The actual bearing is estimated at $140 with labor at $175; the tie rod is $65 plus $75 for re-alignment plus another $100 for labor. The alternative is confinement to my apartment and walking distance, because ANY used car is going to be an ongoing repair issue…

    I love the minivan. It’s paid for and insurance is $35 a month. And I would LOVE everyone’s opinion!

    • Hi Lynne,

      Very sorry to hear about the theft of your vehicle. The good news, based on what you posted, is these repairs are fairly simple and should not cost this much. Have you thought about a second opinion? The price quoted for replacing a wheel bearing ($140 for a bearing? just the part?) seems really high to me. The tie rod quote sounds better, but again, I think they’re really hitting you on labor. Shouldn’t take an hour-plus to replace a tie rod. $100/hour labor is pretty high.

      Again, I recommend a second estimate. Unless the bearing has actually seized up, you ought to be able to drive it (slowly, carefully) to another shop.

      But even if the second shop quotes you something similar, in my opinion, based on what you’ve said, I think it’s worth repairing the vehicle. It sounds as though it’s otherwise in good shape – and you have personal knowledge it’s been good to you so far, so you can probably trust it some more. And, bottom line, you probably won’t find anything remotely decent to replace it with for much less than $2,000 or so – much less the $575 cost of the repairs.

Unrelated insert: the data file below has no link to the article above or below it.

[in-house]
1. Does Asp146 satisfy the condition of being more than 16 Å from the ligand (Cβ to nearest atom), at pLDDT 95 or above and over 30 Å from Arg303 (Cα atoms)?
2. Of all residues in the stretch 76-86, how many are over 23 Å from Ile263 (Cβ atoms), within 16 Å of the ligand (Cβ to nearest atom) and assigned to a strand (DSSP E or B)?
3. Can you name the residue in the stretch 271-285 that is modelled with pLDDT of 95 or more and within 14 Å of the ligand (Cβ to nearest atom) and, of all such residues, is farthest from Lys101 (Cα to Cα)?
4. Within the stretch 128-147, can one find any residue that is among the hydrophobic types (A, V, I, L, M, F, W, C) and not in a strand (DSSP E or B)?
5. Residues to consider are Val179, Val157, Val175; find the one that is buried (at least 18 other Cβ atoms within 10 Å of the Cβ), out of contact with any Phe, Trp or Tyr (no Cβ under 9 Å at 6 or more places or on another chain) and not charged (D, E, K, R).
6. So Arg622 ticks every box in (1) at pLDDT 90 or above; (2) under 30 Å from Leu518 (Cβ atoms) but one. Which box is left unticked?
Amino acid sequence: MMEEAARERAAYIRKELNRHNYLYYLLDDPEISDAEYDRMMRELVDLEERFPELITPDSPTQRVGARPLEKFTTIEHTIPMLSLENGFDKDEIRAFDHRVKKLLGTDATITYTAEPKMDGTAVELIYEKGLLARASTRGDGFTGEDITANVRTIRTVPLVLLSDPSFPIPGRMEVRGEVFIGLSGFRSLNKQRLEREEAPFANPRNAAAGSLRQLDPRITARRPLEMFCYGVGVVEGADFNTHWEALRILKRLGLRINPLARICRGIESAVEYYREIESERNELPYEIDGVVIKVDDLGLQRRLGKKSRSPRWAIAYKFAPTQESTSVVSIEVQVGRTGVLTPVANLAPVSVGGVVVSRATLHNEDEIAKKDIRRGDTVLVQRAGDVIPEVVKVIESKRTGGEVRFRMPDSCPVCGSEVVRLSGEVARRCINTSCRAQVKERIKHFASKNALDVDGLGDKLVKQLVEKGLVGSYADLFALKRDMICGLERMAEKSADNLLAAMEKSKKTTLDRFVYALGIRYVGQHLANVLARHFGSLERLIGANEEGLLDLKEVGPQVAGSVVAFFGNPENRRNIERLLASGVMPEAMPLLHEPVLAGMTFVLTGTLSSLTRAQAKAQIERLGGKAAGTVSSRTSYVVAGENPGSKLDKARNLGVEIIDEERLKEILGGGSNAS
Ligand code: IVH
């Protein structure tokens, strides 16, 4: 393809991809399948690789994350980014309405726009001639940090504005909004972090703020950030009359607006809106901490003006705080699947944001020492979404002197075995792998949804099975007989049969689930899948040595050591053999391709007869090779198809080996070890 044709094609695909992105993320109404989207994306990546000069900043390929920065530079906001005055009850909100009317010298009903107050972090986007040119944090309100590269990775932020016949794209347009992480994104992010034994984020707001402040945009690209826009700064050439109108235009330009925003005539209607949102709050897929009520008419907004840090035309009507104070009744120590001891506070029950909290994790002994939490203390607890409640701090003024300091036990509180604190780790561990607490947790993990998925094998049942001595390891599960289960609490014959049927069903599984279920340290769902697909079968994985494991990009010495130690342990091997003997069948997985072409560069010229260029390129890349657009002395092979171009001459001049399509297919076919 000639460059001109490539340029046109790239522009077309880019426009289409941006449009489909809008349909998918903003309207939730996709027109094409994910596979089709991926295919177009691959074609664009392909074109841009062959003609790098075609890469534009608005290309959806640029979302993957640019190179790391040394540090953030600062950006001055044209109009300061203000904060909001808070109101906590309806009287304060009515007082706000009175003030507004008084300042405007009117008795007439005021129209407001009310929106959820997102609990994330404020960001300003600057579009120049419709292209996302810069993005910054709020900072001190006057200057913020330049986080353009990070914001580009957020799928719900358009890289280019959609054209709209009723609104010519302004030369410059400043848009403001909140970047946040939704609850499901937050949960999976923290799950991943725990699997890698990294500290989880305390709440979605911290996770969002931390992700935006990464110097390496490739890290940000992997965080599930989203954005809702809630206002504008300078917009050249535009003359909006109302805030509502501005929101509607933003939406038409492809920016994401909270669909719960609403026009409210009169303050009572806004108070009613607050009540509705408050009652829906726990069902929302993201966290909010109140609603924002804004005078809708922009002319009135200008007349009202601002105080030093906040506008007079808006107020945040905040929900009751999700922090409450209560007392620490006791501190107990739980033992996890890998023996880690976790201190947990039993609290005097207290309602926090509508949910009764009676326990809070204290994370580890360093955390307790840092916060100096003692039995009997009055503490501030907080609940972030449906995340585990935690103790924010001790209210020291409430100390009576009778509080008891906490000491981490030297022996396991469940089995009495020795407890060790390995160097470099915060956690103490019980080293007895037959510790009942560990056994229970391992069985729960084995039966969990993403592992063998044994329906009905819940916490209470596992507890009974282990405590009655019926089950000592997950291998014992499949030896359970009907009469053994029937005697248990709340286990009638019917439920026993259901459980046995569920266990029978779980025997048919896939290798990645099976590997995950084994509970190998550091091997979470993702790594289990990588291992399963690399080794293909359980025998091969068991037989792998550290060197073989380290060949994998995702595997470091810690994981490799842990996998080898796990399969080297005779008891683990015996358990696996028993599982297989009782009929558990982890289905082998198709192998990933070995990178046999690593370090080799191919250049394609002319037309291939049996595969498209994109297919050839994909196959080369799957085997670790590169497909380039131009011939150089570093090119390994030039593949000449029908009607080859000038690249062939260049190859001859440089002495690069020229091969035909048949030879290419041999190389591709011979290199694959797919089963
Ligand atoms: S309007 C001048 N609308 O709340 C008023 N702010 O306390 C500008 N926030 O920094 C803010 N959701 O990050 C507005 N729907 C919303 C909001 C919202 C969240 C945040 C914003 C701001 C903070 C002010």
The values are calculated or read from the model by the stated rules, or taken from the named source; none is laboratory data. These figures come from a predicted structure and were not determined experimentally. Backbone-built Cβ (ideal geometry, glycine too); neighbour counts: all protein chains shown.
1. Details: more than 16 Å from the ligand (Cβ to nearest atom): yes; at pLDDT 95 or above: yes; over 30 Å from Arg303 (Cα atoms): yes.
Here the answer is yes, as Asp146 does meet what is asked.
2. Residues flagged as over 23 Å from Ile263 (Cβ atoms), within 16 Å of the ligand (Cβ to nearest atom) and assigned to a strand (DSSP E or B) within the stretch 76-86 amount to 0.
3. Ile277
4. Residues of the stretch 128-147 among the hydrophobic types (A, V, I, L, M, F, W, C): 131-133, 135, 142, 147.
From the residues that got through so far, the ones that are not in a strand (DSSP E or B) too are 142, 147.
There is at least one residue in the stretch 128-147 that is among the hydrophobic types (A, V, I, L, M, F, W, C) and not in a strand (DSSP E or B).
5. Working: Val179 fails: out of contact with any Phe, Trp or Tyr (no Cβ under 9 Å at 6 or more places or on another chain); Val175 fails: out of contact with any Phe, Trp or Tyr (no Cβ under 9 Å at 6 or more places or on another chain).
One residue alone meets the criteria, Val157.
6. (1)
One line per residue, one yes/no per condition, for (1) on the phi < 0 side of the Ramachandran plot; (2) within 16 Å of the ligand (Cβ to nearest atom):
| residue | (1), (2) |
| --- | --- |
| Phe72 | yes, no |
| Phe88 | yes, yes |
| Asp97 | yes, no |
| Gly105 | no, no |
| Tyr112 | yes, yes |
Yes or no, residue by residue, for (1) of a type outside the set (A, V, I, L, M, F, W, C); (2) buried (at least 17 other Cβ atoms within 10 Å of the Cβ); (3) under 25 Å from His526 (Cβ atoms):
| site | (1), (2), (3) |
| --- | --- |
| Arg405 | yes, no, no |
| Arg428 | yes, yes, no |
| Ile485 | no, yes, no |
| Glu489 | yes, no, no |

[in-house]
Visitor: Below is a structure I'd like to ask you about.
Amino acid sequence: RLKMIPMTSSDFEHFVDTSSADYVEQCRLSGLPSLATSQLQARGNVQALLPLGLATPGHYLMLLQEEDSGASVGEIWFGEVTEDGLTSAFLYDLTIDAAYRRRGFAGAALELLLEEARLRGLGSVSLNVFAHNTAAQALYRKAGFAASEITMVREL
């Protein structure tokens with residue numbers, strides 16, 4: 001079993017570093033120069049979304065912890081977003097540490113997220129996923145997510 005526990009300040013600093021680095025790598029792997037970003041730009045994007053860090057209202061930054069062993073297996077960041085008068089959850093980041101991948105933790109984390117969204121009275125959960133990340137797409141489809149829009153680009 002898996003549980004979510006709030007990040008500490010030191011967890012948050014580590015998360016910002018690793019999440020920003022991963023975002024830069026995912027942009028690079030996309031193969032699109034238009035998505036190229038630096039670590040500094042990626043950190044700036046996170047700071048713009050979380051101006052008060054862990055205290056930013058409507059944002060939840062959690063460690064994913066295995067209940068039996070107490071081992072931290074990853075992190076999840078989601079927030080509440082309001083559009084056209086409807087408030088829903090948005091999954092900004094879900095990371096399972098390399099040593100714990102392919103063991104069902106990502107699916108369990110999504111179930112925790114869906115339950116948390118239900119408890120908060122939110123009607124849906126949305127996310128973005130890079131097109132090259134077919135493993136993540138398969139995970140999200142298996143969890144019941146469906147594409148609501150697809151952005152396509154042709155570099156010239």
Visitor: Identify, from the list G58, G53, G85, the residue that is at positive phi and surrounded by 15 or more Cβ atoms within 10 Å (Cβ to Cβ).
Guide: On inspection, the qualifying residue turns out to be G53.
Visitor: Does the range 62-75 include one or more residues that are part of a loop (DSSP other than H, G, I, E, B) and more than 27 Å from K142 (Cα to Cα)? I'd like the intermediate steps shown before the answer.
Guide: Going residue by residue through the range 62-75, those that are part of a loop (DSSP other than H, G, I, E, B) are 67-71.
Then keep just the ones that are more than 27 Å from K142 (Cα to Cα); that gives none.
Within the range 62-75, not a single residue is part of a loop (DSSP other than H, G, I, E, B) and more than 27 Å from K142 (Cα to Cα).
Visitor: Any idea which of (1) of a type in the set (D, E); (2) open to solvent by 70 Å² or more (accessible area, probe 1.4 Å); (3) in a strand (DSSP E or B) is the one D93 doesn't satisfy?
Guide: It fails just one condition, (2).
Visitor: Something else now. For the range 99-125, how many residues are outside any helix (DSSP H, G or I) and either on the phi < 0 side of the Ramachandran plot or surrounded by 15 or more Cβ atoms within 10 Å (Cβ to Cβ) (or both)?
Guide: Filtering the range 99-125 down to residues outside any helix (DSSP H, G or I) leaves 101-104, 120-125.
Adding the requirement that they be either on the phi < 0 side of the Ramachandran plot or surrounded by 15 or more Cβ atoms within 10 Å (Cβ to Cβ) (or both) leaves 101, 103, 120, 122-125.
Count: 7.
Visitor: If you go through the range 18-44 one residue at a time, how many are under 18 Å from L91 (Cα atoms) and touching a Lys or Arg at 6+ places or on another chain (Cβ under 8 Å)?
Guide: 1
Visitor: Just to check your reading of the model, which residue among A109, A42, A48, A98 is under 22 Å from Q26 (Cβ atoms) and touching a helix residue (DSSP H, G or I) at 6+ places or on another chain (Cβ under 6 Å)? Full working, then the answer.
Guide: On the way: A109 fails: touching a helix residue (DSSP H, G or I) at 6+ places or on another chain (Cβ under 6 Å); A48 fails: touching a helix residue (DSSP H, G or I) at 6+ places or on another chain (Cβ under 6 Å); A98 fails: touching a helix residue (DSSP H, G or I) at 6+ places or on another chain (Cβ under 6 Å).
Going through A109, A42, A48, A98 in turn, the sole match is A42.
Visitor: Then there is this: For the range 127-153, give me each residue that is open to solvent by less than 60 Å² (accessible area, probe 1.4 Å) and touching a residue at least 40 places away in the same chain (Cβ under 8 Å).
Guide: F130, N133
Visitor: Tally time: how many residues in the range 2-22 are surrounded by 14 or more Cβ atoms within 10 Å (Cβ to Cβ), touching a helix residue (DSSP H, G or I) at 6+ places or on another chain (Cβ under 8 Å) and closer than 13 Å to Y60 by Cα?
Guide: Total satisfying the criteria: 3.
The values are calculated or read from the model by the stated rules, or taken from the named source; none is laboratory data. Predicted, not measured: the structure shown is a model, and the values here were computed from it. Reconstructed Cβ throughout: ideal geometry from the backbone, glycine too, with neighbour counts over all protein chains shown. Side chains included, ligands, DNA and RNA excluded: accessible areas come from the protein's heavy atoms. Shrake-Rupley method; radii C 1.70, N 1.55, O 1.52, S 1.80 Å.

Please keep us posted!

      • I shall definitely keep you posted. Is a wheel bearing or a tie rod something that one buys new from the parts wholesaler or used from the Pick and Pull? I have to visit the friend who helped me replace the tail light sockets but I assume that these repairs are done on a lift and not in the parking lot…

        • Hi. They are parts you purchase new. Not a pick and pull item. That quote they gave you sounds about right. What you can do is call a few other shops and tell them exactly what you need done and see what they quote on the phone. That is a lot easier than driving there. Where are you from?

          • I’m in Oregon. I just took the advice about ebay and had a quick look. I think it is immoral for the mechanic to put a service surcharge on a part that they bought that’s already been marked up by the parts house. I can understand that their insurance might not let them install a part brought in by a customer, but that doesn’t mean they aren’t obligated to search for the least expensive part appropriate. My next car will be a burro, I swear…

            • Hi Lynne,

              At minimum, a second opinion is warranted. If a second shop comes in close to the first one, at least you’ll have the peace of mind that the price, though high, is “going rate” for that job.